Greatings from Spain!

    Mr.Well - August 31st, 2006
  5. I tested my laptop Microsoft Streets and Trips with the included GPS on an A320 a few months back. Stuck the receiver to the window, just like in the car and bingo! Cruising at 560 mph with a tailwind and just broke 600 on the descent. It was cool but unknown if it was “allowed”.

    Dave G - August 31st, 2006
  6. Just because the article says that airplanes CAN navigate down to a runway in the fog, doesn’t mean that it’s commonly done, or advisable.

    Sasha - September 12th, 2006
  7. Thanks for the comment, Sasha. Ultimately it depends on the plane, the conditions, and experience of the pilot. I know lots of pilots who use GPS approaches in the plane on a regular basis and there are an increasing amount of airports which have GPS approaches (WAAS augmented) that do not have ILS approaches.

    As for it not being “advisable”, it is an FAA approved procedure therefore if the equipment and pilot certifications are available it is a perfectly safe procedure.

    Regardless, the point of myth #2 wasn’t to say that all planes use GPS in every approach, rather that the atmospheric conditions (being cloudy) doesn’t impact the reliability of the GPS signal. Thus, using as an example that aircraft can (and sometimes do) use GPS as a means of navigation when visibility is low.

    GPS Review - September 12th, 2006
  8. As stated above, GPS receivers will work well in the commercial airplane cabin when antenna is placed close to a window.

    I know that Southwest Airlines (USA) lists GPS in their magazine on the *APPROVED* list of electronic devices.

    United Airlines (USA) does not list GPS as approved.

    So – it appears the “usage rules” are somewhat arbitrary.

    So it

    Chuckles - September 25th, 2006
  9. […] Quite a few people have been asking us questions or making statements that leads us to believe there are some misconceptions out there about how GPS devices calculate routes, and what part of the process is responsible when an obviously bad route is being suggested by your GPS. Perhaps this should be appended to our 10 GPS Myths post. Let’s dig into this a little bit and figure out where the map data provider, the GPS device, and the GPS software play a role in calculating routes. […]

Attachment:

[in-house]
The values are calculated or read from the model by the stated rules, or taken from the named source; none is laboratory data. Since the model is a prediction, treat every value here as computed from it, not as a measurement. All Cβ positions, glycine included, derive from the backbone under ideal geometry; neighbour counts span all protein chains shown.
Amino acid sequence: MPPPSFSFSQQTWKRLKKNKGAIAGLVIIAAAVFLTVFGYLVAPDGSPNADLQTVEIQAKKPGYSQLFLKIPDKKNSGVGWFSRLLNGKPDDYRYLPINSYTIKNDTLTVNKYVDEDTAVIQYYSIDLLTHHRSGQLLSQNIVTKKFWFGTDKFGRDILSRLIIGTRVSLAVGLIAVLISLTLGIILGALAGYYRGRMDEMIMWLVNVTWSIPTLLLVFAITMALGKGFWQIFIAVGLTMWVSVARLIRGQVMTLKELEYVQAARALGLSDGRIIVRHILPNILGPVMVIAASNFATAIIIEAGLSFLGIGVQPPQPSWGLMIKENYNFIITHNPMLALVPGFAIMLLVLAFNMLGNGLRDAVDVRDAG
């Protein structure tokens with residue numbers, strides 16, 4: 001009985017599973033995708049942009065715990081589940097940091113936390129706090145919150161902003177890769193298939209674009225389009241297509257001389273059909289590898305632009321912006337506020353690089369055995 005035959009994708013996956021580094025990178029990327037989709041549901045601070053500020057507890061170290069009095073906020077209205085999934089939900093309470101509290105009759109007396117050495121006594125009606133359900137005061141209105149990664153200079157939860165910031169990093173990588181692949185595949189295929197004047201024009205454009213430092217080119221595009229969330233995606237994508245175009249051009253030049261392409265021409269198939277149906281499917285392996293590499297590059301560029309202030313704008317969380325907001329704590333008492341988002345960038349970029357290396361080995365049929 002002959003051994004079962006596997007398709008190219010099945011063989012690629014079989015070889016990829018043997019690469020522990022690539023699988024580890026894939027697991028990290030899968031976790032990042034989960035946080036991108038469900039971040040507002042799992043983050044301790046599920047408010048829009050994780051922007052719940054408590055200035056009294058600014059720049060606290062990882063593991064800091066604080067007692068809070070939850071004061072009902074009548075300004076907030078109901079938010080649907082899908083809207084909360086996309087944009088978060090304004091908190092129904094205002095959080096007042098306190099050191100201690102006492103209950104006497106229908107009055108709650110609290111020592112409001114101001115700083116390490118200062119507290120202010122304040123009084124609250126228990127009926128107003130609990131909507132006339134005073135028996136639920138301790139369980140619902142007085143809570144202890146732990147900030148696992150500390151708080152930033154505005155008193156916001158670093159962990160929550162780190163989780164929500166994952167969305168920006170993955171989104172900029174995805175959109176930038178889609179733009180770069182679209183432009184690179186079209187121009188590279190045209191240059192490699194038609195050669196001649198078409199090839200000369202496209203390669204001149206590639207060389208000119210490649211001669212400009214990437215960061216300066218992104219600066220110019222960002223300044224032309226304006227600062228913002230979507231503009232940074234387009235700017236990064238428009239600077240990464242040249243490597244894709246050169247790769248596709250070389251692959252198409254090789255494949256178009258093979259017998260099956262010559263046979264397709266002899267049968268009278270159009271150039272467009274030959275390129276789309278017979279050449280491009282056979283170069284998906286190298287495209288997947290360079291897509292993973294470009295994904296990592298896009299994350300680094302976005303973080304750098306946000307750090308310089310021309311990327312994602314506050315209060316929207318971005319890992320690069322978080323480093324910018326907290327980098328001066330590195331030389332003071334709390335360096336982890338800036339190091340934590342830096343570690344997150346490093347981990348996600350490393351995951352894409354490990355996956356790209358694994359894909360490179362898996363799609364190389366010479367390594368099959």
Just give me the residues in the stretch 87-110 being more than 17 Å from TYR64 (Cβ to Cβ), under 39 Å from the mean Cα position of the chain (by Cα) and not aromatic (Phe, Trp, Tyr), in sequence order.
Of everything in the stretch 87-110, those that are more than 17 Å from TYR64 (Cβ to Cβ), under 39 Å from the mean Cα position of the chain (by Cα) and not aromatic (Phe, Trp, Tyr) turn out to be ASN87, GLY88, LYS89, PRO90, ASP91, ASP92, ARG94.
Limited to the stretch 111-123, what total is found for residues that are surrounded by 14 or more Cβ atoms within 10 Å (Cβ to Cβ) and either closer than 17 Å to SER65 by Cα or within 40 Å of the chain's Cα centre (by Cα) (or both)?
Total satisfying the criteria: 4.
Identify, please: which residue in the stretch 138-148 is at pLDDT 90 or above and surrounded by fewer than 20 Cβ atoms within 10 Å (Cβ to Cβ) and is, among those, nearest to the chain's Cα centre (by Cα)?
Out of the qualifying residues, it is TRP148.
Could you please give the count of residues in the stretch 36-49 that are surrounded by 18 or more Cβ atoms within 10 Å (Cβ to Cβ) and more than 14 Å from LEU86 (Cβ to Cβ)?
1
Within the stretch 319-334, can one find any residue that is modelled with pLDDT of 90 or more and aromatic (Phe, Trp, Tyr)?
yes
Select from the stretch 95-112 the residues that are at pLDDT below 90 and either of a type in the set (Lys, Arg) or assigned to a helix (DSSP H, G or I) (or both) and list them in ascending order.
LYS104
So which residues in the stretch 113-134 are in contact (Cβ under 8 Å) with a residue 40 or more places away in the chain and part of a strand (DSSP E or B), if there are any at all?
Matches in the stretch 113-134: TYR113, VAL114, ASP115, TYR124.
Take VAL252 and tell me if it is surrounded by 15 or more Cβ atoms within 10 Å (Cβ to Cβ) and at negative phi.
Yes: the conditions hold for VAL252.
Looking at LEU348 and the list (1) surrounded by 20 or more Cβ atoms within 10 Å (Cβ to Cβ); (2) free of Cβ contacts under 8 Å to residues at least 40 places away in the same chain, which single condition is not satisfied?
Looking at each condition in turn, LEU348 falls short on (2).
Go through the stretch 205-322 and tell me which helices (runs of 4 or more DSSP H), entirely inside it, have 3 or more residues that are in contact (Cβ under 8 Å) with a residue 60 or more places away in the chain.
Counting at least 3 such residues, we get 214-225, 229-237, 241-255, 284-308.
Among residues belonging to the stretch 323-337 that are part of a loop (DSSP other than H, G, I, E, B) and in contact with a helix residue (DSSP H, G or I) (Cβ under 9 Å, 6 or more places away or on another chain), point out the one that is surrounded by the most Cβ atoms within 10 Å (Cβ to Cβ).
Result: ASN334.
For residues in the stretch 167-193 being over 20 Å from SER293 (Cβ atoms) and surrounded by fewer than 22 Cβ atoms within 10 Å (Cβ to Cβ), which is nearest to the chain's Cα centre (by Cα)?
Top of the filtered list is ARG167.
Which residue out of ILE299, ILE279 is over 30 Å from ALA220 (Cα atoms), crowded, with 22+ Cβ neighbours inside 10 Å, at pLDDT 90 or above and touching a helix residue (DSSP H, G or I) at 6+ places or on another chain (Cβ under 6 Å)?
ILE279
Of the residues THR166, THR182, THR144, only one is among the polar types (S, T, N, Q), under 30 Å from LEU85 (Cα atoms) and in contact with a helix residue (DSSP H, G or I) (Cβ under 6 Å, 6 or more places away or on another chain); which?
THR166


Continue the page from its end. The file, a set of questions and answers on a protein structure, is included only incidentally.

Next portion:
10. I always use my Garmin 3+ when I fly – if I hold it near the window it allways works.

    Fred - October 10th, 2006
  11. I used my laptop Microsoft Streets and Trips with the included GPS on two USAirways legs flying 70 passenger regional jets. I stuck the receiver to the window just like Dave G above. It worked great. The stewardess asked me what I was doing and I told her I was using GPS. She was very interested and asked me how fast we were going. I said 478 mph at 21,000 feet. She came back a few minutes later and said the Captain said that was correct!!!!! She was young (25-ish) and she was very into the technology. The next leg was different. The stewardess asked me what I was doing, I answered GPS and she was very upset and said turn it off. So I unhooked the GPS receiver and was only using the map feature. I wat GPSas going to track our route “manually.” The stewardess walked by 2 minutes later and rudely reminded to turn off that GPS. I said I had disabled the GPS and she stormed off. She came back 2 minutes later and said the pilot had asked me to turn the computer off entirely because they copuld not be sure that I had actually disabled the GPS. I was very PO’ed…